Portland Community College | Portland, Oregon Portland Community College

Campus visioning workshops to cap Facilities Planning project 

Story by Katherine Miller. | Start the discussion

As the population continues to grow in the five-county area served by Portland Community College, the college remains committed to strategic planning that will ensure college facilities meet students’ needs for years to come.

Phase I of PCC’s first comprehensive, district-wide Facilities Plan began in 2017 with an assessment of the college’s current built environment in several areas, including building condition, classroom usage, transportation, safety, accessibility and information technology.

For Phase II PCC hired a team of consultants from Perkins & Will and Walker|Macy Landscape Architecture to determine appropriate development patterns and growth based on economic and demographic trends, space management and more. The team is also looking at ways to support and collaborate with other college initiatives such as academic planning, the Climate Action Plan and the recently updated Strategic Plan.

SE Campus aerial.

Visioning Workshops

PCC is hosting 90-minute workshops at each comprehensive campus for students, faculty, staff and community members. They are intended to capture how people experience the college’s facilities and what they value at each campus. Register on the following days:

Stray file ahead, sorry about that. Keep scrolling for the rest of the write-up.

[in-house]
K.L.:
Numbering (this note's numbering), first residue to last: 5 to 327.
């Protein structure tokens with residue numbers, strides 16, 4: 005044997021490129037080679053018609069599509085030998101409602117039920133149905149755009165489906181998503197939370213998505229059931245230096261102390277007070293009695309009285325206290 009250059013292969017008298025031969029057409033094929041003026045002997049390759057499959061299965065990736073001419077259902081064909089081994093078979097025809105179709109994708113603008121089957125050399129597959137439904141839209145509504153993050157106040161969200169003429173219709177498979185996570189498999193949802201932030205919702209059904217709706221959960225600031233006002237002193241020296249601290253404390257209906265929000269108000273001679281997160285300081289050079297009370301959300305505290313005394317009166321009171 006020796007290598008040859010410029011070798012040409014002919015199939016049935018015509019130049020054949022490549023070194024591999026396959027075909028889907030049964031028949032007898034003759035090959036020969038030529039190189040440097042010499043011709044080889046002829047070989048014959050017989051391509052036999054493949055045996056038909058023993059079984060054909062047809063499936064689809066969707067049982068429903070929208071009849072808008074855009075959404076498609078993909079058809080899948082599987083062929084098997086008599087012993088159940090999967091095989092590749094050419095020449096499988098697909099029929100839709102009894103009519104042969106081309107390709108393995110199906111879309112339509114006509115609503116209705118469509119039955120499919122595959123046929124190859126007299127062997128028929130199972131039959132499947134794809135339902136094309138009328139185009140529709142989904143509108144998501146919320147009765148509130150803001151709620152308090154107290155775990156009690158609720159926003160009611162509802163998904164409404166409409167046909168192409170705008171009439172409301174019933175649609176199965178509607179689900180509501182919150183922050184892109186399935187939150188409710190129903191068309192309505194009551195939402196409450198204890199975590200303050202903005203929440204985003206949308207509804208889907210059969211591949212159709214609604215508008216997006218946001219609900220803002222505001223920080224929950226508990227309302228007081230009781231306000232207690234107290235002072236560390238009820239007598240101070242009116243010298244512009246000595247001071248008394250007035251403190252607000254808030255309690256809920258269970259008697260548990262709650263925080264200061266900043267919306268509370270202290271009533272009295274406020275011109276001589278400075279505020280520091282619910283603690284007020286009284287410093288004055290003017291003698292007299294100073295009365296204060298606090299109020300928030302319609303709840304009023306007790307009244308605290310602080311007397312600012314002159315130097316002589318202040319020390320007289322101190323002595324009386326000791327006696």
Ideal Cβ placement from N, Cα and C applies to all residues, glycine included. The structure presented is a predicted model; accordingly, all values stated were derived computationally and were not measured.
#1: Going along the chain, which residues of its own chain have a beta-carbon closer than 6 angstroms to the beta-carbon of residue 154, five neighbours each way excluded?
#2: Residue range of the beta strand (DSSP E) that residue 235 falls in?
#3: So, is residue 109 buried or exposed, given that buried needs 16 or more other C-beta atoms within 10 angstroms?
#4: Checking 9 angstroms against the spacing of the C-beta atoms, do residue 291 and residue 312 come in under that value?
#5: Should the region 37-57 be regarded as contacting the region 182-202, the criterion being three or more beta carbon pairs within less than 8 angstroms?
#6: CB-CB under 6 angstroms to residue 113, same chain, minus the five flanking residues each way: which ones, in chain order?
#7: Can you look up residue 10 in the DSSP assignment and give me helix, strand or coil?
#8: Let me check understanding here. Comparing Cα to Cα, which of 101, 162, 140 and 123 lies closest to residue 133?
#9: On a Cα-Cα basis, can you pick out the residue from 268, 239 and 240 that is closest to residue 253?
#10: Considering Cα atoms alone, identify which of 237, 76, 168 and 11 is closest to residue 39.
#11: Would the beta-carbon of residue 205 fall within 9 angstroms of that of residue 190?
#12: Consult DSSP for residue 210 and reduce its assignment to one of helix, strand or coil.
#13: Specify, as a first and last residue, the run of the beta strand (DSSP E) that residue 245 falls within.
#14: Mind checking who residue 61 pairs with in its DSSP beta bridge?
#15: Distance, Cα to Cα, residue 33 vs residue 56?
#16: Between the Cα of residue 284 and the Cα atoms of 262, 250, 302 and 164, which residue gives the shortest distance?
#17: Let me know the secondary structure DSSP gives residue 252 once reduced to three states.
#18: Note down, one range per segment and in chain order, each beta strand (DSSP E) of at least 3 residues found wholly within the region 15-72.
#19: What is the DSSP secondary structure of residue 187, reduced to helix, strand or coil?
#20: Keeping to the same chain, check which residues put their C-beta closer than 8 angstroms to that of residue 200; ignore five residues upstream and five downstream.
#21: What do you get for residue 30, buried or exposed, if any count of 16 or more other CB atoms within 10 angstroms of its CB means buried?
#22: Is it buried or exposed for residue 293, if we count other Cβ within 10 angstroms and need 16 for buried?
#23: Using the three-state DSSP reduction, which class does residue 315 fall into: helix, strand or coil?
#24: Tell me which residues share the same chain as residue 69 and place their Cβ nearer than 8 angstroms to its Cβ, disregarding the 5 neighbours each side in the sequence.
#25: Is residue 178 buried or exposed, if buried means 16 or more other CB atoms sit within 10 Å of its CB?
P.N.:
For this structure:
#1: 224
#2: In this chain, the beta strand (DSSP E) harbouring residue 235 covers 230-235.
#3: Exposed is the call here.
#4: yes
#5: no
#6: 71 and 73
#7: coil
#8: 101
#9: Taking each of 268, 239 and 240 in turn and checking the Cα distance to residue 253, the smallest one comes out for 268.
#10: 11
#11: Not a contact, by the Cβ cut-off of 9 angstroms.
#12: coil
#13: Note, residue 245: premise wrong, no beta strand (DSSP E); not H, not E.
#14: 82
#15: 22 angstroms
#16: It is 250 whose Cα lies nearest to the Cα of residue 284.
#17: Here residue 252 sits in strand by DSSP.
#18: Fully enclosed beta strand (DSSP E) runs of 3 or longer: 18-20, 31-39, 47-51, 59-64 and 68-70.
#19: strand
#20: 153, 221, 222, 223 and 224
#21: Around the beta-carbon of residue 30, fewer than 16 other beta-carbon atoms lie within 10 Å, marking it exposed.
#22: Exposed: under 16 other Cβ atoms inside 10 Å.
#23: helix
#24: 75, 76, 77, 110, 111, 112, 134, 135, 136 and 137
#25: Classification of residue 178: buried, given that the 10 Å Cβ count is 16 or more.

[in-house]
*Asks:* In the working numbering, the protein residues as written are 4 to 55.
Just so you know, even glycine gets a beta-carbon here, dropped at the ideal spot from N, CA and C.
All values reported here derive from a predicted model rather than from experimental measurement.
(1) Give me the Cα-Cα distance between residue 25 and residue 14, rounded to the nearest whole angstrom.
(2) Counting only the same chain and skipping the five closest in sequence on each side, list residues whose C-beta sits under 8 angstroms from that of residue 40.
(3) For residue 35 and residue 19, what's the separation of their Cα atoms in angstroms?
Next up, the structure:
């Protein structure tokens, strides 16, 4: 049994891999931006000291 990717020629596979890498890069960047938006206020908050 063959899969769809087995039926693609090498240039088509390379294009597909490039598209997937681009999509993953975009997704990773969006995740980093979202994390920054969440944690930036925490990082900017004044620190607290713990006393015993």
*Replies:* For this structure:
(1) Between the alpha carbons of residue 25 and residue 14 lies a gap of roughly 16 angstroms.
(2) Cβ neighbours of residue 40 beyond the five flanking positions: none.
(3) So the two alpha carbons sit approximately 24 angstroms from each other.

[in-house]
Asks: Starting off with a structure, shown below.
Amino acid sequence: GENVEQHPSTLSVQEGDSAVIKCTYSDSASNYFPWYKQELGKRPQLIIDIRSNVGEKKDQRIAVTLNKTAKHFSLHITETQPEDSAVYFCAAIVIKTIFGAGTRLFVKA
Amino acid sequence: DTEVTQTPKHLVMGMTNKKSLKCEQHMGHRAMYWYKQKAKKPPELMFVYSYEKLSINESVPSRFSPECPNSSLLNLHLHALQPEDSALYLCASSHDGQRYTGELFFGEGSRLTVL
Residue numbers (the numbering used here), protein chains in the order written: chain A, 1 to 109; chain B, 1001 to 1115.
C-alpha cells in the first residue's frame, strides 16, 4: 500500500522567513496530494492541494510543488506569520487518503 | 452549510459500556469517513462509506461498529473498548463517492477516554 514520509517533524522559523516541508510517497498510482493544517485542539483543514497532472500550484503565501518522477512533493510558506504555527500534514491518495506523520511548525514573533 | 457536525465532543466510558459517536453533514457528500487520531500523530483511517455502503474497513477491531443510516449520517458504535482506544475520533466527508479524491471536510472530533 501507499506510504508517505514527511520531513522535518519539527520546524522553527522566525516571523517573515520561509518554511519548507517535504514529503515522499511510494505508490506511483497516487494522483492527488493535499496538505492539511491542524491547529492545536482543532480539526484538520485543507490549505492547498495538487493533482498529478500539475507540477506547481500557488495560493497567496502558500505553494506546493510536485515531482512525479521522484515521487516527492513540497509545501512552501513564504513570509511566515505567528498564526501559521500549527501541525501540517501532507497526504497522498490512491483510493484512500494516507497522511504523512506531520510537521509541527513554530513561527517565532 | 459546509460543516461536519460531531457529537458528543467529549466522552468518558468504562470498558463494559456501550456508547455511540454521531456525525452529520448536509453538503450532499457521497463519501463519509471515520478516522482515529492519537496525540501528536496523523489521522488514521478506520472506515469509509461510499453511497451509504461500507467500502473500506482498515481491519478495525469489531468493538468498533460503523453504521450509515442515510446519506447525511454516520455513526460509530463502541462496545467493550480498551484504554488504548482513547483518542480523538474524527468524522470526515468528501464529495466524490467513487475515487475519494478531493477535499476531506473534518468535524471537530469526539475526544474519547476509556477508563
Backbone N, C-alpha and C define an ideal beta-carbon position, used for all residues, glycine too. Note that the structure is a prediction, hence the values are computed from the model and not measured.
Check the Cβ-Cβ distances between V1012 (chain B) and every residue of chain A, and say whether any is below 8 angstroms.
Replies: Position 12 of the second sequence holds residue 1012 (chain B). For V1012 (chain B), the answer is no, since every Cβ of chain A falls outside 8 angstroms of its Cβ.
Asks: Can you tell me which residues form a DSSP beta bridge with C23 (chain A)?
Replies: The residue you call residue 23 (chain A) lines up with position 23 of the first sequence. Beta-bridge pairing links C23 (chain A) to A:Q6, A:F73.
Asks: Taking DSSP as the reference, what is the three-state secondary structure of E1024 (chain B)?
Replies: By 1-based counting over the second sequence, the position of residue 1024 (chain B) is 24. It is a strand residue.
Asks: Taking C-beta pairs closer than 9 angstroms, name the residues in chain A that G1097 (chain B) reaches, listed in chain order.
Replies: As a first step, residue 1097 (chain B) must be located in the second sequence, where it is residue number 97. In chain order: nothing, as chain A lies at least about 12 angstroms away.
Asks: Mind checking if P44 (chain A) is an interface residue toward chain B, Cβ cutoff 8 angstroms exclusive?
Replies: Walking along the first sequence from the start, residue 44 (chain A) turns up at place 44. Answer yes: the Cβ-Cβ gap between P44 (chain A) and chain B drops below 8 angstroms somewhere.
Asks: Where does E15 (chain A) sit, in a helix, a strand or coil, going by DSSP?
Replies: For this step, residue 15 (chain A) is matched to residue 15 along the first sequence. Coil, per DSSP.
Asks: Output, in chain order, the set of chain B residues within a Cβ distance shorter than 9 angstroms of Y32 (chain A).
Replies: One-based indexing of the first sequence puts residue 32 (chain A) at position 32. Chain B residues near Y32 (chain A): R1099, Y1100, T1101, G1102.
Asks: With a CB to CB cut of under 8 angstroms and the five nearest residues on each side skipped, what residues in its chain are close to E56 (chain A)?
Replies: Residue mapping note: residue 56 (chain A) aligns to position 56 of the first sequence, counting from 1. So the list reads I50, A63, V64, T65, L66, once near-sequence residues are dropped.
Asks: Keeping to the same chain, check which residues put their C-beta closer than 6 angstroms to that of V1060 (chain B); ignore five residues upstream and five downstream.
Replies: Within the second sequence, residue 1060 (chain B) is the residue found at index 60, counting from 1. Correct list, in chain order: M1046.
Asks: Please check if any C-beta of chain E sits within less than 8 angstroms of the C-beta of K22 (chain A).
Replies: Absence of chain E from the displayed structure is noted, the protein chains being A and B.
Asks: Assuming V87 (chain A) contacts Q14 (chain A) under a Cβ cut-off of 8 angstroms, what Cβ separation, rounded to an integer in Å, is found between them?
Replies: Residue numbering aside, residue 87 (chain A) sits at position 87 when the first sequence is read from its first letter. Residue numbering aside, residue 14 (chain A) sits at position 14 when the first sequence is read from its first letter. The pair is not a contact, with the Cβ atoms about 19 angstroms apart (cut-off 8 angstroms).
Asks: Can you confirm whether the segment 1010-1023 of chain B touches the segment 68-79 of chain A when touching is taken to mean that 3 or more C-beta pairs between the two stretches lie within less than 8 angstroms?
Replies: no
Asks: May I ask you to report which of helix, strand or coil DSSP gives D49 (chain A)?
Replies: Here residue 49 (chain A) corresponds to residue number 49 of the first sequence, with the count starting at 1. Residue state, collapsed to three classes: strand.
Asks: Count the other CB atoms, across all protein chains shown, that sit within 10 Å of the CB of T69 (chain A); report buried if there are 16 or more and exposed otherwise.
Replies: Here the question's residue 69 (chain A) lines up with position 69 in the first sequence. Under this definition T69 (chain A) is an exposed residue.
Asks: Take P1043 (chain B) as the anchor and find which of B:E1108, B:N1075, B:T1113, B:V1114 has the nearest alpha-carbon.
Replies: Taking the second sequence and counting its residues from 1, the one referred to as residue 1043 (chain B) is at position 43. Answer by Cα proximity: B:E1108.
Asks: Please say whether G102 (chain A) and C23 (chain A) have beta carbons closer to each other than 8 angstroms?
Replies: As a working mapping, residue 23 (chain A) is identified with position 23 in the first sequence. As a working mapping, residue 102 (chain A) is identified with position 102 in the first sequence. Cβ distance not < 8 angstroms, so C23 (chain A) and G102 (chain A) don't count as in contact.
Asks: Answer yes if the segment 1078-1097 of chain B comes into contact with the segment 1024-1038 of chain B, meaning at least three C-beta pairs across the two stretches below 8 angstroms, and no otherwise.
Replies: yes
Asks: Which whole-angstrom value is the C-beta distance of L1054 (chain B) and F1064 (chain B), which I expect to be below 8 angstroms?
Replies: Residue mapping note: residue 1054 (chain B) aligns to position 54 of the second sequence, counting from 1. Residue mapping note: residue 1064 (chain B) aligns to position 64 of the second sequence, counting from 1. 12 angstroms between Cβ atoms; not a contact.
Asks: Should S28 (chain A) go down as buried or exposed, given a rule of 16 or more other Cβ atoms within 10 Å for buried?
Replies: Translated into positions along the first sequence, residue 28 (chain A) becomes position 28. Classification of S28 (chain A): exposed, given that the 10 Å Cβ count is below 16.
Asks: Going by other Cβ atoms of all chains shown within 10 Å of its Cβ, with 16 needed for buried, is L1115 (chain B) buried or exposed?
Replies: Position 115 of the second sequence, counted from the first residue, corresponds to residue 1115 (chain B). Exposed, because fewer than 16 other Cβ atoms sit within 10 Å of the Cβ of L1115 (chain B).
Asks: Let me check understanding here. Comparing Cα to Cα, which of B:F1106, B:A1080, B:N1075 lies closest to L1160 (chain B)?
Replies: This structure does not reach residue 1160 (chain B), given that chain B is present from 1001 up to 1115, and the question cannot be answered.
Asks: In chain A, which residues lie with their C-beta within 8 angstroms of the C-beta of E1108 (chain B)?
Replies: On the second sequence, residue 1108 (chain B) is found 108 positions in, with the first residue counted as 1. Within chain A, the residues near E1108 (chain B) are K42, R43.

Rock Creek: 9-10:30 a.m., Wednesday, April 21. Register at this ZOOM link.

Southeast: 9-10:30 a.m., Thursday, April 22. Register at this ZOOM link.

Sylvania: 9-10:30 a.m., Wednesday, April 28. Register at this ZOOM link.

Cascade: 9-10:30 a.m.,Thursday, April 29. Register at this ZOOM link.

Learn More! »

Outreach to the different communities the college serves is an important component of the project. Phase II will offer online visioning workshops related to all four campuses during the month of April. The 90-minute workshops are open to students, faculty, staff and community members and are intended to capture how these groups experience college facilities and what they value at each campus.

“The Facilities Plan will guide future investment in college infrastructure,” said Rebecca Ocken, planning manager for PCC’s Office of Planning & Capital Construction. “That’s why it is so important to hear from students, facility, staff and community on what physical elements they think express the unique nature of each campus and center.

“We’re interested in learning what it is about the physical space that people enjoy and want to preserve, and how future improvements can better support PCC’s mission of equitable student success,“ she added.

Online campus surveys have also been used to gather information about college facilities. For the Winter 2021 PCC Campus Survey the PCC community was asked to share where they spend time on campus when the college was open and where they feel safe, comfortable and welcome. (An executive summary of the survey is available at the project website.)